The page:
> >># host mail.example.com
> >>mail.example.com is an alias for hostname.example.com.
> >>hostname.example.com has address 1.2.3.4

> >
> >
> >Wrong. The MX record has to point to an A name, not a CNAME.


On 22.10.08 21:21, Len Conrad wrote:
> what?
>
> MX record's data field is a domain name
>
> That domain name owns one or more A records.
>
> With mail, the shortest resolution path is always best practice, and
> resolving through a CNAME is not the shortest.


Isn't that exactly what Joseph Brennan said/wrote?

> Similarly, an MX's IP should have only one PTR record, whose domain name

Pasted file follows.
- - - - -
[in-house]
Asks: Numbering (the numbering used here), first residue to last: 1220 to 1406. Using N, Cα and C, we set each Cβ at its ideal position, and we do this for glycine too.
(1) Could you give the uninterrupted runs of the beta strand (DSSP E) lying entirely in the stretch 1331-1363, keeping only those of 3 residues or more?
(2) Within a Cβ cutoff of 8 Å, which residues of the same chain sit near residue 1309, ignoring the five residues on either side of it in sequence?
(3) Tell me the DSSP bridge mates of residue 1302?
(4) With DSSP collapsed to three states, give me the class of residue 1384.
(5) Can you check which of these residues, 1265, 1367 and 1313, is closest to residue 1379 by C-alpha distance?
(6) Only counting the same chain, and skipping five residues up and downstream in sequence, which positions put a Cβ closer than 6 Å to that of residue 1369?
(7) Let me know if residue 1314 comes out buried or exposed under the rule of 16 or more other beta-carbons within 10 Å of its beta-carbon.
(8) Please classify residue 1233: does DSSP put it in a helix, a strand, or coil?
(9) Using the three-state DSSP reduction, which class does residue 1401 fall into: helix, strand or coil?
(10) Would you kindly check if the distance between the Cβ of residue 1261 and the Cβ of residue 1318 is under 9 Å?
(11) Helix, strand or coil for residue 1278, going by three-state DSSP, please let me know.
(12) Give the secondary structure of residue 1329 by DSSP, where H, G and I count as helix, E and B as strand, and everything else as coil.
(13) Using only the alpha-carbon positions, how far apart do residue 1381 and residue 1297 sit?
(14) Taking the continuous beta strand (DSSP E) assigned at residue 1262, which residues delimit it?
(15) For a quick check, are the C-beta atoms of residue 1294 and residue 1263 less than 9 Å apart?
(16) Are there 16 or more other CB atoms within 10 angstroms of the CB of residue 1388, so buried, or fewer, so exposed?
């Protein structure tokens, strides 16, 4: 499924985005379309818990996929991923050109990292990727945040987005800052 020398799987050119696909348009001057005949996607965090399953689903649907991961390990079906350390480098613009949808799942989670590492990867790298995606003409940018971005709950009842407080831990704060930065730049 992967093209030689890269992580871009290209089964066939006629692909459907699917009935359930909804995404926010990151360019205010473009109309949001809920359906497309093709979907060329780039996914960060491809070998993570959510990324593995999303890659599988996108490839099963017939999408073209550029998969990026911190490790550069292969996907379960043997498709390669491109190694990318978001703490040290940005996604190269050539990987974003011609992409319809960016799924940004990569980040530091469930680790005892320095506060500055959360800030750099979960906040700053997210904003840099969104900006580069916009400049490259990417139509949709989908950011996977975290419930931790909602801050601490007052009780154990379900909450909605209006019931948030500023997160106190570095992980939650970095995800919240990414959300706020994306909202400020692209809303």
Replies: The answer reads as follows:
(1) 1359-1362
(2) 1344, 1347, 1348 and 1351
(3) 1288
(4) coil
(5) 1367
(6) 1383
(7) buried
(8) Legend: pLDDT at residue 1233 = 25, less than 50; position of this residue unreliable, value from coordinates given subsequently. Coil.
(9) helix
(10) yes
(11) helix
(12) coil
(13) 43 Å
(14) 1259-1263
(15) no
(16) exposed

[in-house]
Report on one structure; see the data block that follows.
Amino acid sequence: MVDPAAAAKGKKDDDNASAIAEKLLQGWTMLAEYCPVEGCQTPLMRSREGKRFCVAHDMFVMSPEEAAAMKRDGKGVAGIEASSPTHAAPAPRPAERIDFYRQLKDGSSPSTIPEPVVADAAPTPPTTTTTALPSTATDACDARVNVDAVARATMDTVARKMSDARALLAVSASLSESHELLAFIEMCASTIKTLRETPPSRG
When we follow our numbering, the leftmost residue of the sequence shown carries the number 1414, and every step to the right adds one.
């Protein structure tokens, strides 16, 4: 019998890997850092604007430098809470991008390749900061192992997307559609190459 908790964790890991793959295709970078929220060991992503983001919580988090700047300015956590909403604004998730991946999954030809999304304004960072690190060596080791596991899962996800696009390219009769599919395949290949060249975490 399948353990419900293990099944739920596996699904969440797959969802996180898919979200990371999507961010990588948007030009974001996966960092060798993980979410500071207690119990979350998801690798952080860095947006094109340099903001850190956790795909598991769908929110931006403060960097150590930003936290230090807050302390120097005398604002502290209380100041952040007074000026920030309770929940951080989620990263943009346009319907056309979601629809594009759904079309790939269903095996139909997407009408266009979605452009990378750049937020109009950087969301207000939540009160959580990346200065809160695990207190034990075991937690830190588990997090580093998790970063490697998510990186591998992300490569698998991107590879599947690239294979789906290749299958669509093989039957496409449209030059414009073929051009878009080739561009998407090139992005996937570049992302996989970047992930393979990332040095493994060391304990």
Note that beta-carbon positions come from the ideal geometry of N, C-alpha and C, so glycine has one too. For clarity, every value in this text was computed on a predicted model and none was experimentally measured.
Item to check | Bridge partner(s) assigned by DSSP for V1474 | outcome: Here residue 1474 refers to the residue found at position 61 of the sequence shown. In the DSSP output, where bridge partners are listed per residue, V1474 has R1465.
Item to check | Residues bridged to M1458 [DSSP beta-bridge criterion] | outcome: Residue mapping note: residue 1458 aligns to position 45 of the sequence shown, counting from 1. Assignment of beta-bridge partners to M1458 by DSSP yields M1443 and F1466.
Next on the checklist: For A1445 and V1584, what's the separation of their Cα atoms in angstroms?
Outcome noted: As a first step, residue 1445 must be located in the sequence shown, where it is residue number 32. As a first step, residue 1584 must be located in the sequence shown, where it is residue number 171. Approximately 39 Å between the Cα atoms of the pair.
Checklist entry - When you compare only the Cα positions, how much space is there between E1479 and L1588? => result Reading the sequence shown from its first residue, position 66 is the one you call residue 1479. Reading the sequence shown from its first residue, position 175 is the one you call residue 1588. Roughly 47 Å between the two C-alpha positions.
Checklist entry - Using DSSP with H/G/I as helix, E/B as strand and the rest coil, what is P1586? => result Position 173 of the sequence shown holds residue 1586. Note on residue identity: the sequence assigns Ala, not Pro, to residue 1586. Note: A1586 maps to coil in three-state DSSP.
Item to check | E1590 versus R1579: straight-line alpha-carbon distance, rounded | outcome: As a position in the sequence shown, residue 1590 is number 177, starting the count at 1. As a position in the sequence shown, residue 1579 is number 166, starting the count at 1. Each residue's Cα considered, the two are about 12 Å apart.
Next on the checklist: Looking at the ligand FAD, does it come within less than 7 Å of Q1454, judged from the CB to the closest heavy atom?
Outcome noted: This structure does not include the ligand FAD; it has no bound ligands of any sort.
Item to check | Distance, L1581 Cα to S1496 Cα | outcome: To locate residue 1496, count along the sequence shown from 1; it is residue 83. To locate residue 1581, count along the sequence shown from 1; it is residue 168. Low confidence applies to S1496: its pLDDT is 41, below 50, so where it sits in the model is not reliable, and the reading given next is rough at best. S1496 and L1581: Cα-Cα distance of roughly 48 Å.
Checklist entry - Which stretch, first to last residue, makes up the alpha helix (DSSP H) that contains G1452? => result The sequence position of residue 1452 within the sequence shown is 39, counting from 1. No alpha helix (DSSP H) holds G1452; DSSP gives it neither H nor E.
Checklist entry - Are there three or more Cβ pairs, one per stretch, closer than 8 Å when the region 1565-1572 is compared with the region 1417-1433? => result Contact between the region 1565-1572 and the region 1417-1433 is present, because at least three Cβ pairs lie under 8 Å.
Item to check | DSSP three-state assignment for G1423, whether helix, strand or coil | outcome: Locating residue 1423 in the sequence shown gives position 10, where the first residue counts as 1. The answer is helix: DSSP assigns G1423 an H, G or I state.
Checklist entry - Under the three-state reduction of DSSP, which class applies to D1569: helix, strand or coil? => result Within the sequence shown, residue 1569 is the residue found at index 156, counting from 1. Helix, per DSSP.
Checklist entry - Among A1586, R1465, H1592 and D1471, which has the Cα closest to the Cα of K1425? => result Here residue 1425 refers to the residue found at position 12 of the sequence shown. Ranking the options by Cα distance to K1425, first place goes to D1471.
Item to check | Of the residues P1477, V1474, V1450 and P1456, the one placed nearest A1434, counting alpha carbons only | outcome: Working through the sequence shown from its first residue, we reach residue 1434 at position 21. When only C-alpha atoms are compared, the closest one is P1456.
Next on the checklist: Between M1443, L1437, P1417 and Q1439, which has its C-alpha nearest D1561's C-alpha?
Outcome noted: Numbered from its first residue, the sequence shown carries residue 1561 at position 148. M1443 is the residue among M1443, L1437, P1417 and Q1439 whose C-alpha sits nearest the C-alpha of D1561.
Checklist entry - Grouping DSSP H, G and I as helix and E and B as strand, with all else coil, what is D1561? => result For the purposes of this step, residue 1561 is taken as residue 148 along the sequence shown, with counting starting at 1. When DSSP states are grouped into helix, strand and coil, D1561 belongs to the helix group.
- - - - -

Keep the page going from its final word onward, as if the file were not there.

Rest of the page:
> in the data field "matches" with an A record:


This is not so important, unless they are used for outgoing mail.

I don't know of anybody who checks for validity of reverse RRs of named MX
records point to (why to check that? to refuse delivering mail to provided
address? what will it tell the sender?), and I know of domains where MXes do
not have PTR records and nothing happens.

> d.c.b.a.in-addr.arpa. PTR label.domain.tld.
>
> label.domain.tld. A a.b.c.d


This should apply for everyone who wants to use any remote services, which
is not the MX case (the MX indicate inbound, not outbound servers).

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